Mary Skelter: Nightmares is the latest IP from developer Compile Heart, who are increasingly looking to pad out their unique IP, and this one is a first-person dungeon-crawling RPG with characters inspired by famous fairy tales. It’s bloody and has some genuinely creepy enemies, but overall it’s easy to see that it’s still very much a Compile Heart title.
Nightmares follows Jack and Alice, two humans trapped in the living “Jail” where they’re being experimented on, when Little Red Riding Hood appears with plans to take Alice away. Refusing to leave Jack behind, the three fight to rescue other prisoners and to finally make their way out of the terrible Jail. It turns out Alice and a bunch of other girls have special abilities which can be used to fight the creatures found in Jail, and they work together with Alice’s father to hone their powers as Blood Maiden’s and escape. I dig the atmosphere and aesthetic, and as a big fan of fairy tales I enjoyed this fresh take on well-known characters. I generally don’t go for first-person dungeon-crawlers, but I didn’t want to miss out on this one.
You control Jack in the dungeon but, as a male, he has no special abilities of his own, so instead he provides support for the Blood Maidens as they use their powers to crush whatever gets in their way. Jack can shield Blood Maidens from an incoming attack, and use his Mary Gun to shoot the Maidens with his blood. Pretty gross, right? Jack’s blood purifies the girls and pulls them out of their corrupted state, which occurs when the girls come into contact with too much enemy blood. When they’ve been covered in enough blood, they’ll become wild and attack without discretion, and only Jack can rescue them.
Jack has a few tricks up his sleeve and you’re able to let the girls go into Massacre mode, or let them lick the blood from one another to activate a different set of skills known as Blood Soul skills which can buff you and recover lost health. Massacre mode is great, but you want to avoid the manic Blood Skelter mode — it might save you in a pinch though, or it might be the reason you fail. The Blood Maiden’s otherwise have standard skills such as attack, and unique skills that they’ll learn with experience. It sounds like a lot to wrap your head around, but it’s much clearer in action.
Have you played Etrian Odyssey? If so, you’ll be familiar with its F.O.E system where giant foes patrol an area and getting into a battle with them is bad news. Nightmares has a similar system where certain enemies, known as Marchens, cannot be killed, but only temporarily defeated in battle. You’ll see these on the map as you’re exploring, and when you’re close to one you’ll be shown a moving number which indicates if it’s nearby or not — if it is, run to an area which it doesn’t patrol! There are also Giant Nightmares which you’ll come into contact with, and you’ll need to progress through a dungeon whilst fighting its various body parts until you can fully defeat it.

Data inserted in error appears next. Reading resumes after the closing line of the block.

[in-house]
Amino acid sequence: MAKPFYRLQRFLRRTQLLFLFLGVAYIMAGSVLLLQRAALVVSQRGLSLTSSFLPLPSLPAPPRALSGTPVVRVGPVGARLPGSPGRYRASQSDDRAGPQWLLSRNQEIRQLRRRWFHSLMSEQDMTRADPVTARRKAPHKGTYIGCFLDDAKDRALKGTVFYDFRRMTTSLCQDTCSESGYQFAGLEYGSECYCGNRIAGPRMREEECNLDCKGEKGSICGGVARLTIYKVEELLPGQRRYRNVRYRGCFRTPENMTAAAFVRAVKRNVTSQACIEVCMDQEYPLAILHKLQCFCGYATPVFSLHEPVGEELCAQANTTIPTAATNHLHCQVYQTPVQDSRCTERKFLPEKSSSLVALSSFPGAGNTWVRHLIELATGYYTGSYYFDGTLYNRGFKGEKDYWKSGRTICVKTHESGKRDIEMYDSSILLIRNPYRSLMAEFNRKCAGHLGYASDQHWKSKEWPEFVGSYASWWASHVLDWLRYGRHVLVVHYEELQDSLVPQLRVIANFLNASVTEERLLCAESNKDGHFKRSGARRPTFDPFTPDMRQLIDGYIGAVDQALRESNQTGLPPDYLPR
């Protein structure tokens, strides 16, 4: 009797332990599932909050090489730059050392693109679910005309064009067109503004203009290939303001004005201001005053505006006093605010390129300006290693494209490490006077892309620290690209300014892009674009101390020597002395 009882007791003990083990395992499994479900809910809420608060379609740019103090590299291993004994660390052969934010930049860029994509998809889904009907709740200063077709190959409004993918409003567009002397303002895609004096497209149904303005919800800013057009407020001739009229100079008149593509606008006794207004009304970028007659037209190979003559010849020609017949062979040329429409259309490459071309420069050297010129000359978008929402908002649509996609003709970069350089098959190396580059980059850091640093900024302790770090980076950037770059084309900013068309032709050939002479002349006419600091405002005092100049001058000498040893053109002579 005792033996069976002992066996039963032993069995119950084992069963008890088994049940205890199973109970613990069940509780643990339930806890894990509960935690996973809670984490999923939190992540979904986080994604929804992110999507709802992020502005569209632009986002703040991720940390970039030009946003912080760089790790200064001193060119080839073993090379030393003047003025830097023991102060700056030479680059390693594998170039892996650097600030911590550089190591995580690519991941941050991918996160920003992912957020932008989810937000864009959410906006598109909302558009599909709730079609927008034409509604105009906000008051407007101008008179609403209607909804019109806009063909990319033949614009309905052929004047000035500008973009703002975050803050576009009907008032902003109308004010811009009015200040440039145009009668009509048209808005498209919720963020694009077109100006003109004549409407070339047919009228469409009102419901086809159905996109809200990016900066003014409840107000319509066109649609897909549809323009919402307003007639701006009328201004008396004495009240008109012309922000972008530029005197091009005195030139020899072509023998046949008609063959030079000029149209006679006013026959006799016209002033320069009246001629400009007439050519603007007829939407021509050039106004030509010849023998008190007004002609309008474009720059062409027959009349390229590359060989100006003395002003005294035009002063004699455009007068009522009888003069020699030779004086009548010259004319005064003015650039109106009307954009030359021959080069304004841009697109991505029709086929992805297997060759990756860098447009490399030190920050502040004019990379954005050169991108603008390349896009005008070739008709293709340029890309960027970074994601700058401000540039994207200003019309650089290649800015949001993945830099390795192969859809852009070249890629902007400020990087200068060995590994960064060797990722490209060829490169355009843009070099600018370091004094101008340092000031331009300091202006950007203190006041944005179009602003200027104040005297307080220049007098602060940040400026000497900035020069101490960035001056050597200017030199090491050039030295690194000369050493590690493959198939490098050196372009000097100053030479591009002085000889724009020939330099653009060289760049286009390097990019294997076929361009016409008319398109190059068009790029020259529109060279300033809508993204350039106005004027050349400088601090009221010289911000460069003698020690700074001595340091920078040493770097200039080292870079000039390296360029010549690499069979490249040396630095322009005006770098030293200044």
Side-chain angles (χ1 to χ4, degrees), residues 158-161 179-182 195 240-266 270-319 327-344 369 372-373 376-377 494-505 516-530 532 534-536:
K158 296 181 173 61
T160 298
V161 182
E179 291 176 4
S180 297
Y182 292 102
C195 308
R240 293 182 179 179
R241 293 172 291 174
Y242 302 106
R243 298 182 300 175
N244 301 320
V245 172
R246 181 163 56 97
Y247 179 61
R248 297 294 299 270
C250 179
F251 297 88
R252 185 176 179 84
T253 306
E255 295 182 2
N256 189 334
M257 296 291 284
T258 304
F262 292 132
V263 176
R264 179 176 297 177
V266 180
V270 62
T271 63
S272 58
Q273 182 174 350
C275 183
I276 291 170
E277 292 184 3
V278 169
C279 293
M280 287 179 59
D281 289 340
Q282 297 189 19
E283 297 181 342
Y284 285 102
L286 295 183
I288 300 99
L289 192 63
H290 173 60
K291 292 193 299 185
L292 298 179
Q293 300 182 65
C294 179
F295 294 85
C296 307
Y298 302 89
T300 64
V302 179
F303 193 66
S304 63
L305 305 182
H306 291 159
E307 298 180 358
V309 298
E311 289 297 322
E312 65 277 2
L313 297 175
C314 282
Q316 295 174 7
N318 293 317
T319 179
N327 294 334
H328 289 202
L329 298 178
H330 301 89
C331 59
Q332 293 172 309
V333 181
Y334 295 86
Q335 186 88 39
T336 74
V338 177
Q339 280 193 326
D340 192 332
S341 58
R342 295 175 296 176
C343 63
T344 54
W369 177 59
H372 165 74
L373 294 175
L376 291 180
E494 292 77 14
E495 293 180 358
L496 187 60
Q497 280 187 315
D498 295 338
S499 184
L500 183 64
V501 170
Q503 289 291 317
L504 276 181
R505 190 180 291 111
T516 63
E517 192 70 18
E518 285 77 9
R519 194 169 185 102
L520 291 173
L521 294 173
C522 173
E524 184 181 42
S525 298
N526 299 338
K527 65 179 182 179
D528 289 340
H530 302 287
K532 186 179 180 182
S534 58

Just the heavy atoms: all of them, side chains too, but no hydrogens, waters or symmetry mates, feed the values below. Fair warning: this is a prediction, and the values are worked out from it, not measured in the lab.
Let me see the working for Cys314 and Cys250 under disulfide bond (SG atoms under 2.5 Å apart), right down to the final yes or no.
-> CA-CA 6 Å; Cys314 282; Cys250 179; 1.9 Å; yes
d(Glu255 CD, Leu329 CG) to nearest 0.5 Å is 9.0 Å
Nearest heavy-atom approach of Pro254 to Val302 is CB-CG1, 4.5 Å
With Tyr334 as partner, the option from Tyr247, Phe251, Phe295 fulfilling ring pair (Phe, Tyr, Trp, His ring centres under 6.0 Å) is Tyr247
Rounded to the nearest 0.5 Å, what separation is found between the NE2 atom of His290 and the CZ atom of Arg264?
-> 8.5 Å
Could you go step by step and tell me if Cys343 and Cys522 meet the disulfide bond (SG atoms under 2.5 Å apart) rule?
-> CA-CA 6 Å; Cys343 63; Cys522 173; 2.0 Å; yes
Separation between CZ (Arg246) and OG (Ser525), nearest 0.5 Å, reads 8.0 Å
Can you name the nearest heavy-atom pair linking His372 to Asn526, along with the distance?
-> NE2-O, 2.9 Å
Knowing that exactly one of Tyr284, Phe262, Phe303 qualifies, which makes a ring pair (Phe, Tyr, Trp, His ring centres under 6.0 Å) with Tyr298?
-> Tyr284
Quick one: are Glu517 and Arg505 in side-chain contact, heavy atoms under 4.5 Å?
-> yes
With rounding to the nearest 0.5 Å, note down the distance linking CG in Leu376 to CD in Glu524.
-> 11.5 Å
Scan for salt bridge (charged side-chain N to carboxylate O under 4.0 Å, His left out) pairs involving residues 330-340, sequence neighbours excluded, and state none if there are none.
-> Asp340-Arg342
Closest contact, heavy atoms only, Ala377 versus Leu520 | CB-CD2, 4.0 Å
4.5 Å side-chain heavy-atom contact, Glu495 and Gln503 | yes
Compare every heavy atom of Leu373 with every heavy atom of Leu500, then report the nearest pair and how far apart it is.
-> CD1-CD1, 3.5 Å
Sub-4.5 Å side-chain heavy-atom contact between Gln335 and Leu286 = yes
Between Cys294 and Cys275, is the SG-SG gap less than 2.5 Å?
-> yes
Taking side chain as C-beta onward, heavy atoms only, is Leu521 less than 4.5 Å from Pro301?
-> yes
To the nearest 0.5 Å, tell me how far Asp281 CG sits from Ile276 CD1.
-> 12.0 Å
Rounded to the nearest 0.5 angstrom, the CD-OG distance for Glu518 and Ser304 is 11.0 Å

Nightmares is an unsettling game. The enemy designs, particularly those of the Giant Nightmares and the Marchens, are eerie and disgusting. I was filled with apprehension and excitement to see what the next nightmare would be, and Compile Heart have created some truly grotesque beings. The abnormal environments are equally as bizarre. Lovely character designs manage to bring some sanity back to Nightmares, although I wish they borrowed from the characters they’re named after a little more. It all has a wonderfully twisted fairy-tale vibe to it, and I found a lot to feast my eyes on as someone who really digs this sort of aesthetic.
You can play in both English and Japanese, although not many lines are fully voiced in the English dub. That aside, it’s a strong dub but if you’re a stickler for voice-acting, then you might prefer the Japanese voice-over. The soundtrack incorporates a lot of violin, which is fantastic, mixed with piano, electric guitar and a bunch of orchestral instruments. I’m a sucker for orchestral music, and Nightmares‘ OST does not disappoint. What’s a shame is that the soundtrack isn’t easy to purchase! This also fits in well with the twisted fairy-tale vibes the game has, and I found myself hugely enjoying the OST.
I’ve not enjoyed all of Compile Heart’s newer IPs, but Mary Skelter: Nightmares is one of their strongest efforts to date. An intriguing story, likeable – if not a little tropey – characters, engaging gameplay mechanics and an outstanding aesthetic and matching OST helped to make this a blast to play. Sony may not be supporting the Vita anymore, but games like Mary Skelter: Nightmares prove that the system is far from dead.